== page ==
’60s voting poster reminds us of sacrifices
The poster was folded in half, its aged back exposed and giving no hint of what ideas the other side held. It was lying on top of some contact sheets of black and white photos and a win for Kennedy window sign.
I opened up the poster and saw the black and white image of Dr. Martin Luther King Jr., his right arm outstretched, a U.S. flag in the foreground intentionally blurred to put the focus on him. The wording on the poster reminded African Americans of the need and responsibility to vote.
The poster looked to be straight from the 1960s, with brown tape marks on its outer edges indicating that it had once been hung. I found another copy on the website of the Library of Congress, which dated it between 1968 and 1980.
The library also has a poster with the same message but with an image of African Americans protesting and a date range between 1965 and 1980. The earliest of these posters were done in the midst of the civil rights movement when African Americans were marching in the face of entrenched and violent opposition to both civil and voting rights.
The 15th Amendment in 1870 gave African Americans the right to vote, but it was only letters on paper. When the local laws hindering blacks were challenged over the ensuing years, southern governments merely replaced them with new barriers. For almost a century, blacks in the South endured the idiocy of literacy tests, grandfather clauses, poll taxes and violence that kept them from the voting boxes.
Tired of being denied common but significant rights, they marched on Washington for Jobs and Freedom in 1963, and crossed the Edmund Pettus Bridge headed from Selma to Montgomery, AL, in 1965. That “Bloody Sunday” attack by state troopers led to the enactment of the Voting Rights Act that year.
The act changed the face of the voting population. Registrars had signed up 250,000 African American voters by the end of 1965. Voter turnout jumped from 6 percent in Mississippi in 1964 to 59 percent in 1969. Before the law was passed, only 5 percent of African Americans were registered in that state.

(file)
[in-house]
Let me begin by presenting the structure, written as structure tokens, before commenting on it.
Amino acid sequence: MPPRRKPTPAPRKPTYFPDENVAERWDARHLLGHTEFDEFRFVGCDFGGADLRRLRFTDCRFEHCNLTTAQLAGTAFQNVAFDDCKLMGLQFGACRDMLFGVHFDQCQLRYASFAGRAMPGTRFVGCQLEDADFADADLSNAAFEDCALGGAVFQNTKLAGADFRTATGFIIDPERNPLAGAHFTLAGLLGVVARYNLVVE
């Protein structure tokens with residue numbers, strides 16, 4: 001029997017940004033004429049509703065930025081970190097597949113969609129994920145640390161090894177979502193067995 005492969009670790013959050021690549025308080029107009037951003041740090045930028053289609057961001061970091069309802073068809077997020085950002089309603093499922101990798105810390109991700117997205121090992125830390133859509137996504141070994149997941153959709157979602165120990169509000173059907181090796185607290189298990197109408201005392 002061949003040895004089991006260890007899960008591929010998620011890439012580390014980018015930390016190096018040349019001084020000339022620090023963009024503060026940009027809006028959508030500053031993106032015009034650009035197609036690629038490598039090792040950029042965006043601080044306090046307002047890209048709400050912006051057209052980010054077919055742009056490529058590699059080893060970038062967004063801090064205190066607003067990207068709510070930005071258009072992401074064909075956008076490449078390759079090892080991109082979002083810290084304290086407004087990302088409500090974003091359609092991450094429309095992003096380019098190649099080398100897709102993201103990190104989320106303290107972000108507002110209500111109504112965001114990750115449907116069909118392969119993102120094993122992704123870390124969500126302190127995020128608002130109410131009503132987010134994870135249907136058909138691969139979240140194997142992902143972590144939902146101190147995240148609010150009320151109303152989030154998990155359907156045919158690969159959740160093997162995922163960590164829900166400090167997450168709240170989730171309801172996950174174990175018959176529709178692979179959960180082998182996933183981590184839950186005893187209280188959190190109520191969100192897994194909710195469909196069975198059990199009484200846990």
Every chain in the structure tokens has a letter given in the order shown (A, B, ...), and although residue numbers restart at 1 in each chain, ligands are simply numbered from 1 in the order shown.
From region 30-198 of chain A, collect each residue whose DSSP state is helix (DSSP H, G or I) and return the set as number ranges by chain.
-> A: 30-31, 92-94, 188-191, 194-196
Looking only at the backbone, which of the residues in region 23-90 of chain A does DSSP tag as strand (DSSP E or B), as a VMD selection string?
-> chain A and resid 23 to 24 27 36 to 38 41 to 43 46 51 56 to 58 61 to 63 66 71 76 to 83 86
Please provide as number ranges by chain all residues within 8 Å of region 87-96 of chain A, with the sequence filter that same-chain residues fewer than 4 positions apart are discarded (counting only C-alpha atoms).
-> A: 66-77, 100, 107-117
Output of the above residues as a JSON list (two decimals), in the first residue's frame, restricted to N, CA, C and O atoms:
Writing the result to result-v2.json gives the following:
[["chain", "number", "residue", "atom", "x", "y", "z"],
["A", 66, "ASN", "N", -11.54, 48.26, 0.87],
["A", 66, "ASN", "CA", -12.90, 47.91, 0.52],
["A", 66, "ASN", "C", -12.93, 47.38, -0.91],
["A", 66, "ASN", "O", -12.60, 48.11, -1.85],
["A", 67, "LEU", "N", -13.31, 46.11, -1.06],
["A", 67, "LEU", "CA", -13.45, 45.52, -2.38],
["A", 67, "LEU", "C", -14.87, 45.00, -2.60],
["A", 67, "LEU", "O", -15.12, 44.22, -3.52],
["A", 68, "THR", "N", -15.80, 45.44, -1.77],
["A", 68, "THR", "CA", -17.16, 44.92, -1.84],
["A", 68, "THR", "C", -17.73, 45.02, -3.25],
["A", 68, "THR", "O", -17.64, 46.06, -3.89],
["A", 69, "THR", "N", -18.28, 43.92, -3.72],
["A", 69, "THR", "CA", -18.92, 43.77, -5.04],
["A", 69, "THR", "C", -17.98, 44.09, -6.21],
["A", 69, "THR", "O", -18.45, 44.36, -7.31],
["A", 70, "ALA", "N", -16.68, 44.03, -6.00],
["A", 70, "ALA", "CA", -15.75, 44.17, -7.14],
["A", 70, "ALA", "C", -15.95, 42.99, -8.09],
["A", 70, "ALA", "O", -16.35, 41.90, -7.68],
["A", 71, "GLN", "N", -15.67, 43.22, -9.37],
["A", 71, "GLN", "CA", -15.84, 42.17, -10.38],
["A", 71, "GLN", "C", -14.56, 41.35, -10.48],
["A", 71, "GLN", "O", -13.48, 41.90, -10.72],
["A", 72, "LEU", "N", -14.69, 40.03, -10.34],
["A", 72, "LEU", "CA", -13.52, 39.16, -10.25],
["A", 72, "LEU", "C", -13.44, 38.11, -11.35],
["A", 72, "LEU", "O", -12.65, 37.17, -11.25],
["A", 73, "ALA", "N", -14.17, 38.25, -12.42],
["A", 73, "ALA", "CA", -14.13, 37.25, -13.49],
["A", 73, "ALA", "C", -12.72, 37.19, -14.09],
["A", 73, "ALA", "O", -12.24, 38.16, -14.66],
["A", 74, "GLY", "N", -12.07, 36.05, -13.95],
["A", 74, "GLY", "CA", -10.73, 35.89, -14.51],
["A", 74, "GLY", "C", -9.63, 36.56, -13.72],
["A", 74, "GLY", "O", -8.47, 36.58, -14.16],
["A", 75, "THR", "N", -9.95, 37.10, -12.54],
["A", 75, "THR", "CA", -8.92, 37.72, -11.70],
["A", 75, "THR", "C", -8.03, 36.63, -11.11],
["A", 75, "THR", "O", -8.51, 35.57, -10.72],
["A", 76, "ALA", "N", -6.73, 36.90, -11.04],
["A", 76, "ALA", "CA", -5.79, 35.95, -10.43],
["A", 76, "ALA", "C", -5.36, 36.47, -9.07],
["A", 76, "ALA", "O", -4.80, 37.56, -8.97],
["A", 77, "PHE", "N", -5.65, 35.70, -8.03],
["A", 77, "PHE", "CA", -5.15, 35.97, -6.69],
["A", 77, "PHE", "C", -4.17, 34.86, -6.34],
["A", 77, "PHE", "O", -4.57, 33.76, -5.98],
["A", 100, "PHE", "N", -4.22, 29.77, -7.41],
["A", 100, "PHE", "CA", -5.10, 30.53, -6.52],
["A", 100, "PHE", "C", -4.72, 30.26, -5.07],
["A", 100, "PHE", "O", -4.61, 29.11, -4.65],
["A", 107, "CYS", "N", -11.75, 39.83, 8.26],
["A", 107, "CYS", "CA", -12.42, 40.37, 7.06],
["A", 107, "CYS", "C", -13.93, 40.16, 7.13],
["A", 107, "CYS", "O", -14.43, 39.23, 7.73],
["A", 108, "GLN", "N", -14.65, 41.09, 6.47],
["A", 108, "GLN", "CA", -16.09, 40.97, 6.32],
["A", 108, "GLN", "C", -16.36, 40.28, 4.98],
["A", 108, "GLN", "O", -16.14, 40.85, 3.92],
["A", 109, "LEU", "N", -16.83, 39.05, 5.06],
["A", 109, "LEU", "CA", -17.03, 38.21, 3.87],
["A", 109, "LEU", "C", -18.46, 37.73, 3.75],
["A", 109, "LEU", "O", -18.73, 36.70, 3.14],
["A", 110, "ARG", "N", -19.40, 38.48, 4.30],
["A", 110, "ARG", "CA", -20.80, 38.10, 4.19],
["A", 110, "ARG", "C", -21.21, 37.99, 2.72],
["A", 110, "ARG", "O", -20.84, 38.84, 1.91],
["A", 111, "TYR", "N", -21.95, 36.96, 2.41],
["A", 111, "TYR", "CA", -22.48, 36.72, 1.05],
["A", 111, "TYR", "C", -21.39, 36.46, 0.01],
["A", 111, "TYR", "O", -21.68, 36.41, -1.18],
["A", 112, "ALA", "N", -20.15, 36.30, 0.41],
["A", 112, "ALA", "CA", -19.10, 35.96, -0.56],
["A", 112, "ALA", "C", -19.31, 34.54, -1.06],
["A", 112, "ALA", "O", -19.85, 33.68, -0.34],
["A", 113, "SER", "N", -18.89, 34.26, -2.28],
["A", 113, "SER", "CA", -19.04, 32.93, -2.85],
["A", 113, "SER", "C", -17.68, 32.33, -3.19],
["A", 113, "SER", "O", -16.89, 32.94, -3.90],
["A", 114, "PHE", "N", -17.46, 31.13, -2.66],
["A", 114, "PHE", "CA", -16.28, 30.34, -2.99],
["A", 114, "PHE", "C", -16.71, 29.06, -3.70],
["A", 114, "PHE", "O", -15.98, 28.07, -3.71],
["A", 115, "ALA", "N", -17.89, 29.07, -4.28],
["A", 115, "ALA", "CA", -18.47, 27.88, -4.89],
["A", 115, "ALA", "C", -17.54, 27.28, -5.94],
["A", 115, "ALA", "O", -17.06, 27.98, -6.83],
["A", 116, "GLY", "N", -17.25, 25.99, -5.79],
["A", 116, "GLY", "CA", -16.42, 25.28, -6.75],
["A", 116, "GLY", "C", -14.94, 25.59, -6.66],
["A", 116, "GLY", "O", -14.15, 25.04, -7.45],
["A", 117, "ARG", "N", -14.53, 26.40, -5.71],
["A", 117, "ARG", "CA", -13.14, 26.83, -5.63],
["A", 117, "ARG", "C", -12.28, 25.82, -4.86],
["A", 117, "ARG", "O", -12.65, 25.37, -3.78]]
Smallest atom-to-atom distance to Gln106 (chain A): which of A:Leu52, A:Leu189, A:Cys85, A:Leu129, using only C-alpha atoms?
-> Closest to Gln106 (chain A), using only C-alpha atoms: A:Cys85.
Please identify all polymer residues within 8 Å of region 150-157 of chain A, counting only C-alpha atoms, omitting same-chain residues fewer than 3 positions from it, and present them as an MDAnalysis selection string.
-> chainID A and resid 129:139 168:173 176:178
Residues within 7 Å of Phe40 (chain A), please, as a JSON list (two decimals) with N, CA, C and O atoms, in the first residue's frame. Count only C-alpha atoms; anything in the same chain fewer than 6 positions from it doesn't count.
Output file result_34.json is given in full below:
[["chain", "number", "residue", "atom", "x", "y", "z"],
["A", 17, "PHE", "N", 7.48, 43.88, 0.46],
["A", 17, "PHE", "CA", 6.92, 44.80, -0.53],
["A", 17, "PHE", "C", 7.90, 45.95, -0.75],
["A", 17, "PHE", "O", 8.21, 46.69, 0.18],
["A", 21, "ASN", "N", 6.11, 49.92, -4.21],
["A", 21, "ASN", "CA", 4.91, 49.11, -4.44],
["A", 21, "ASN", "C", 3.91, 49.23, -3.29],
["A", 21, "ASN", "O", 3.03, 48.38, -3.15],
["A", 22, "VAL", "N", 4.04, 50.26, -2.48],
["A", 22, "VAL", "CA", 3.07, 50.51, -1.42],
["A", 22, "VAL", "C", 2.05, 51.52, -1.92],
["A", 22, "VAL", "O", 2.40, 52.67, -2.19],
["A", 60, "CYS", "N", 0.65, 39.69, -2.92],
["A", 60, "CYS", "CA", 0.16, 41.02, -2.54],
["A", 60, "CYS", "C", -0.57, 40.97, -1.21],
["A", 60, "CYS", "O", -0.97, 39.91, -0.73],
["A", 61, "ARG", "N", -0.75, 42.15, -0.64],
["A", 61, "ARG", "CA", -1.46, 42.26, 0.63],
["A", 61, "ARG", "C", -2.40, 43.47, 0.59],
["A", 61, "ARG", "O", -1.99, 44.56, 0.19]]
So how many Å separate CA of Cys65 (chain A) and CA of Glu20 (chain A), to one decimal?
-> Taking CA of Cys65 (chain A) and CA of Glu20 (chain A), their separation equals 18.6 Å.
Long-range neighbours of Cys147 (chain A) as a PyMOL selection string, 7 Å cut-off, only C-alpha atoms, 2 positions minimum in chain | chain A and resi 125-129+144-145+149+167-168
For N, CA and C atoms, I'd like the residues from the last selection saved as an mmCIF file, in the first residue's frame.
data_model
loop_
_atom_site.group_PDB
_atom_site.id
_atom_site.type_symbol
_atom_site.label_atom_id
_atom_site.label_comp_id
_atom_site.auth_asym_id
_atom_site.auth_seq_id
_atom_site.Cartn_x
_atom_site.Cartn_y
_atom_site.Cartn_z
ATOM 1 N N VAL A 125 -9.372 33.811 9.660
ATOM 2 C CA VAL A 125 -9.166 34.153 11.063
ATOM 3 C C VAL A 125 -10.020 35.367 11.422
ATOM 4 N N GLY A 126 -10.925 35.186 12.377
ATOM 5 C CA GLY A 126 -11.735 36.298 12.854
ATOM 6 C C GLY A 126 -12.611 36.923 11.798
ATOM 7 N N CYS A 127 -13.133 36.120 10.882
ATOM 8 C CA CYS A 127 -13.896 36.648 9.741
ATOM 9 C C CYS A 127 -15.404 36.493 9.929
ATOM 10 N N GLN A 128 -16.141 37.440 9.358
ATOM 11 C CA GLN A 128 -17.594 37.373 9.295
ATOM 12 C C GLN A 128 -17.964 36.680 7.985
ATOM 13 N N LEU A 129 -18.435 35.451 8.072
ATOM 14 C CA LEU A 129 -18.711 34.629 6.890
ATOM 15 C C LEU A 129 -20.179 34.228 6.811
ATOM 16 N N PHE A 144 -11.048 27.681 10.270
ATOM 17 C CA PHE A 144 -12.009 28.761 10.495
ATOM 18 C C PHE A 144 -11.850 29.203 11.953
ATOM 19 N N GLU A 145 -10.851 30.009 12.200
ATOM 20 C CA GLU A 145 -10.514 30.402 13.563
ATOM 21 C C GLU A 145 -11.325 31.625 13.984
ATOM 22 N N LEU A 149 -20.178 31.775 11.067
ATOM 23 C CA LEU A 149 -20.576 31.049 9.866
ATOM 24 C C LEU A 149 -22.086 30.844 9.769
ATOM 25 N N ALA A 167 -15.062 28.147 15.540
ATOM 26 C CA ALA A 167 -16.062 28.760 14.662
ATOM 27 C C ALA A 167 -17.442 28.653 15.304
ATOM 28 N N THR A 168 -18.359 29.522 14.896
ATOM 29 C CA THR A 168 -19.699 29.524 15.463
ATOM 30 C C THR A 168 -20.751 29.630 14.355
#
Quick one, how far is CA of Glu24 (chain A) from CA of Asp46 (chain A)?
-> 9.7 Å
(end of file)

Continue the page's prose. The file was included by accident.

Provisions of the law forbade local governments from making any voting changes or redistricting without approval from the Justice Department or a federal court in Washington. These provisions not only affected nine southern states, but towns in California, New York, Florida and four other states.
One of the leaders pivotal to the movement for freedom and voting rights was A. Philip Randolph, first president of the Brotherhood of Sleeping Car Porters. He was the organizer of the 1925 union that fought for better working conditions for black porters and maids on Pullman Company trains. Randolph was also the main architect of the March on Washington that drew more than 200,000 people.
The poster was produced by the A. Philip Randolph Educational Fund, which was part of the A. Philip Randolph Institute founded by Randolph and Bayard Rustin in 1965. The fund organizes education programs between African Americans and labor groups. Among its earliest projects was a joint union apprenticeship program to train and place black workers in building-construction trades.
The message on the poster at auction is just as relevant today, if not more. Over the last decade, provisions of the Voting Rights Act have been challenged in court by some of the same states that had stemmed black voting in the past. The act is outdated, they say, pointing to the country’s election of its first black president.
In 2009, the Supreme Court upheld a provision in the 1965 law that required several states to get approval before making any changes in their election laws. In 2013, the court struck down the formula used to determine which states were subject to the provision, effectively killing it.